SW1: Serial Monitor

The Serial Monitor is a very useful tool once the code to write moves a bit from the very basics.

We can use the Serial Monitor to print anything we want: variables’ value, values coming from a sensor, a custom debugging string and so on.

In order to open the Serial Monitor we have to connect Arduino to the PC and then to click on the magnifier icon on the right side of the Arduino IDE.

Let’s see how it looks

serial monitor

On top we have an input field where we can write anything and that will be sent to Arduino. The big area is where we will print the data.

At the bottom right there are 2 dropdown menu. The first one sets the new line character, it is not so interesting. The second menu lets us decide the baud rate to communicate to the Serial Monitor. As we will see in few moments we have to declare the baud rate at which we will send data to the Serial Monitor. The baud rate set in the code must match the one set in the Serial Monitor. The default is 9600 and if you haven’t a special reason to use a different one, you can use that value.

A first example to show how we can interact with Arduino from our keyboard. 

Load this code to Arduino, open the Serial Monitor and into the input field write 0 or 1, then hit Send.

If you send a 1, Arduino will light the L LED, if you send a 0 the LED will turn off. In addition you will read some output in the Serial Monitor. The output is generated by Serial.print() and Serial.println() . The difference between the two functions is that the first writes an output and keeps the curson on the same line, the second adds a new line after the printed string.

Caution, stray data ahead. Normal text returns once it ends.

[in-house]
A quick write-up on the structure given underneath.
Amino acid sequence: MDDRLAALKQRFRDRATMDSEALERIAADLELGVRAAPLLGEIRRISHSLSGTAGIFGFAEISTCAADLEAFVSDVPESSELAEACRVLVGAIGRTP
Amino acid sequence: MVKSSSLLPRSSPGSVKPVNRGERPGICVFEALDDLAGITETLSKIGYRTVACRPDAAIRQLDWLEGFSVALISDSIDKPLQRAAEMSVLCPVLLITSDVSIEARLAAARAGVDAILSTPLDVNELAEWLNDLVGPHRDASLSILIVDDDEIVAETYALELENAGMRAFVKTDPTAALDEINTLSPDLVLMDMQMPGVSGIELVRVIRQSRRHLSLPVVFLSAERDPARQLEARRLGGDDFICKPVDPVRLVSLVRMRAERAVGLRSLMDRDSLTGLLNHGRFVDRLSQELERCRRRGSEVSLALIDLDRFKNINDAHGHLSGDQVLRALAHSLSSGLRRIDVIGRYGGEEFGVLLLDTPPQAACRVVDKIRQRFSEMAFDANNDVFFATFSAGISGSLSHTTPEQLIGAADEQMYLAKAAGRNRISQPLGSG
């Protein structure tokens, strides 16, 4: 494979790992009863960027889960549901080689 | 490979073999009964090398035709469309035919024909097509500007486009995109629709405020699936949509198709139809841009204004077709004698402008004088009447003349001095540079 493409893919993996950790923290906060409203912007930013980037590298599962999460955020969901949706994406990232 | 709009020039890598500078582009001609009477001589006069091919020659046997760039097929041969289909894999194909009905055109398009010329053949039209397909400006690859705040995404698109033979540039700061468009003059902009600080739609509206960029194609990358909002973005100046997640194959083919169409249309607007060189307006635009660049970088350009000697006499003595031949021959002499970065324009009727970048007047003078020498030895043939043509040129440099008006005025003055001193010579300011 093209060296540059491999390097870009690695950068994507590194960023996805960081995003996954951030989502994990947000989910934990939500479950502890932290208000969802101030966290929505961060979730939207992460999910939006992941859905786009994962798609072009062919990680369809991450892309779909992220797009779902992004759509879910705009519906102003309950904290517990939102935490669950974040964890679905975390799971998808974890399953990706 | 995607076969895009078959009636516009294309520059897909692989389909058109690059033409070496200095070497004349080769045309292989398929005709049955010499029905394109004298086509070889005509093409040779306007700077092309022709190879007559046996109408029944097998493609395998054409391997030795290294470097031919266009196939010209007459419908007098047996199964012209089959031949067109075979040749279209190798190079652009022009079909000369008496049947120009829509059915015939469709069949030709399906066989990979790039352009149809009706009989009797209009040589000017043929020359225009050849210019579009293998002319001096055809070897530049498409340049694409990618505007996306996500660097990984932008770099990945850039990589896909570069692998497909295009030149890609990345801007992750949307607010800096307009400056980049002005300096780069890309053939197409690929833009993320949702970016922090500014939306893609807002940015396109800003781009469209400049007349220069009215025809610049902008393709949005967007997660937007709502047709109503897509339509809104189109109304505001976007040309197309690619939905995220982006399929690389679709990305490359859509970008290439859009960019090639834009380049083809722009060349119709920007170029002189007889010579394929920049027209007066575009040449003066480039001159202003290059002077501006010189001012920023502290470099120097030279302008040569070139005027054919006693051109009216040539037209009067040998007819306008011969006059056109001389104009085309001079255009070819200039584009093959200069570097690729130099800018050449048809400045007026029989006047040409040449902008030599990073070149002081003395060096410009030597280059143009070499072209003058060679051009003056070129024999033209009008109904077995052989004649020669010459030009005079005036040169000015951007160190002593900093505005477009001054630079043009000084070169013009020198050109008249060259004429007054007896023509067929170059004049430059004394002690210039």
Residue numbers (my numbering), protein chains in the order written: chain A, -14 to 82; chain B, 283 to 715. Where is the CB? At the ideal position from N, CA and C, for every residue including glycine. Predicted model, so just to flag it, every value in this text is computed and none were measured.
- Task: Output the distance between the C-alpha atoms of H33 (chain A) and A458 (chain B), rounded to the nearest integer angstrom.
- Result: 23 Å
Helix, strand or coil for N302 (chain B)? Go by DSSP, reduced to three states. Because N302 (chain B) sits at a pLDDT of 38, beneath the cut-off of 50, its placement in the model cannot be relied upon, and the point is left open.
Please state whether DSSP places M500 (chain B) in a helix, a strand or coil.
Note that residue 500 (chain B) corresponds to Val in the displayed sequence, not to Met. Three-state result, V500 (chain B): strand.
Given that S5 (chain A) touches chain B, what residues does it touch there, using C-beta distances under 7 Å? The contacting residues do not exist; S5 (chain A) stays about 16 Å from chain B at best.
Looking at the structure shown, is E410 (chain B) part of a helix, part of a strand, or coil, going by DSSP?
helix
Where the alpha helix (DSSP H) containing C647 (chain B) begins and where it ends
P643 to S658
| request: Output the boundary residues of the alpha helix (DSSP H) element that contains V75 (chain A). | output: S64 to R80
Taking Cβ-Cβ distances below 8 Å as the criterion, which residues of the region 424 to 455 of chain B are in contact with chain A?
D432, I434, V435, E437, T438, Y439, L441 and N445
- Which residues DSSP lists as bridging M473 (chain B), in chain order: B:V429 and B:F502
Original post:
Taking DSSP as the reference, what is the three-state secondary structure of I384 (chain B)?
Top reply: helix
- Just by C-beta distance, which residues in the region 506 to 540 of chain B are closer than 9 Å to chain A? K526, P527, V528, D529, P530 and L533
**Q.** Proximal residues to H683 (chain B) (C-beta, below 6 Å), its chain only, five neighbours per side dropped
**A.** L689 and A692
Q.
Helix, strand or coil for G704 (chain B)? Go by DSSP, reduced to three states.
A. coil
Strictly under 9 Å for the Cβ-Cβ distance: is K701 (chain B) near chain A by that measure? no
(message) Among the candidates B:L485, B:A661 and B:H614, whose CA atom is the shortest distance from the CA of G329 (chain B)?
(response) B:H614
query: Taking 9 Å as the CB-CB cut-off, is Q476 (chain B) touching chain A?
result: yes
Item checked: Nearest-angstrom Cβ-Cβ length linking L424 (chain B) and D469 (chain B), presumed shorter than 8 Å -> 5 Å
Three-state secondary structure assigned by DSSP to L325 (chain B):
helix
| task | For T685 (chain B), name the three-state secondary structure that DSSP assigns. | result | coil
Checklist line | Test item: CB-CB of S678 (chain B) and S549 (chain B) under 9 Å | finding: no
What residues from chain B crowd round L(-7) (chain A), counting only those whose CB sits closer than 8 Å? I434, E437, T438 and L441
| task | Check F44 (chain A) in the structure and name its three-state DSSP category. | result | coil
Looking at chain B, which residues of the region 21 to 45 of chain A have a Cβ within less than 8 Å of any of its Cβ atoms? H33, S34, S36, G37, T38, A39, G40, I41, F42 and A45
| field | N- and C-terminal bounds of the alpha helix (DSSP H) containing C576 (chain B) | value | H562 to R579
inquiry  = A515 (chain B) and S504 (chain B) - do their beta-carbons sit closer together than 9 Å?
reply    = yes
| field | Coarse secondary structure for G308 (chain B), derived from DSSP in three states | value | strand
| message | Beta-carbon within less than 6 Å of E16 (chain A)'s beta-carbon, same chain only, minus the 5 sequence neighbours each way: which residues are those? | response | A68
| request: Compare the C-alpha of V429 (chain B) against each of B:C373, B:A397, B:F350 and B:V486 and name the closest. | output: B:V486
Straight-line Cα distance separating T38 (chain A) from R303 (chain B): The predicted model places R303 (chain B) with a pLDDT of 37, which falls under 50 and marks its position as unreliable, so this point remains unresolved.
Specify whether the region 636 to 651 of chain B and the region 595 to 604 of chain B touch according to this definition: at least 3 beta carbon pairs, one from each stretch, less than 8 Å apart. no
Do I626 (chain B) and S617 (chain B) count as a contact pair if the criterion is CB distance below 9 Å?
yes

Of course you can have a much more complex interaction with Arduino, you are not limited to turn on and off an LED.

How to read incoming data from a component.

Connect a potentiometer as shown below

serial monitor and potentiometer

Now copy this code into Arduino IDE

Load the code to Arduino, open the Serial Monitor and rotate the potentiometer shaft back and forth.

Each second Arduino will read the output value from the middle pin of the potentiometer and will write it to the Serial Monitor. In addition, just to show that we can do something with those data, each time we check if Arduino receives a value higher than 511. If the received value is higher we turn on the LED, if not we turn it off.

Now that we know how to read incoming data and to print them along with custom strings to the Serial Monitor it will be easy to use this tool for debugging purposes.

I’ve tested the circuit and the code posted in this article on my equipment and they work properly, anyway I do not assume any responsibility for any damage which your components could suffer.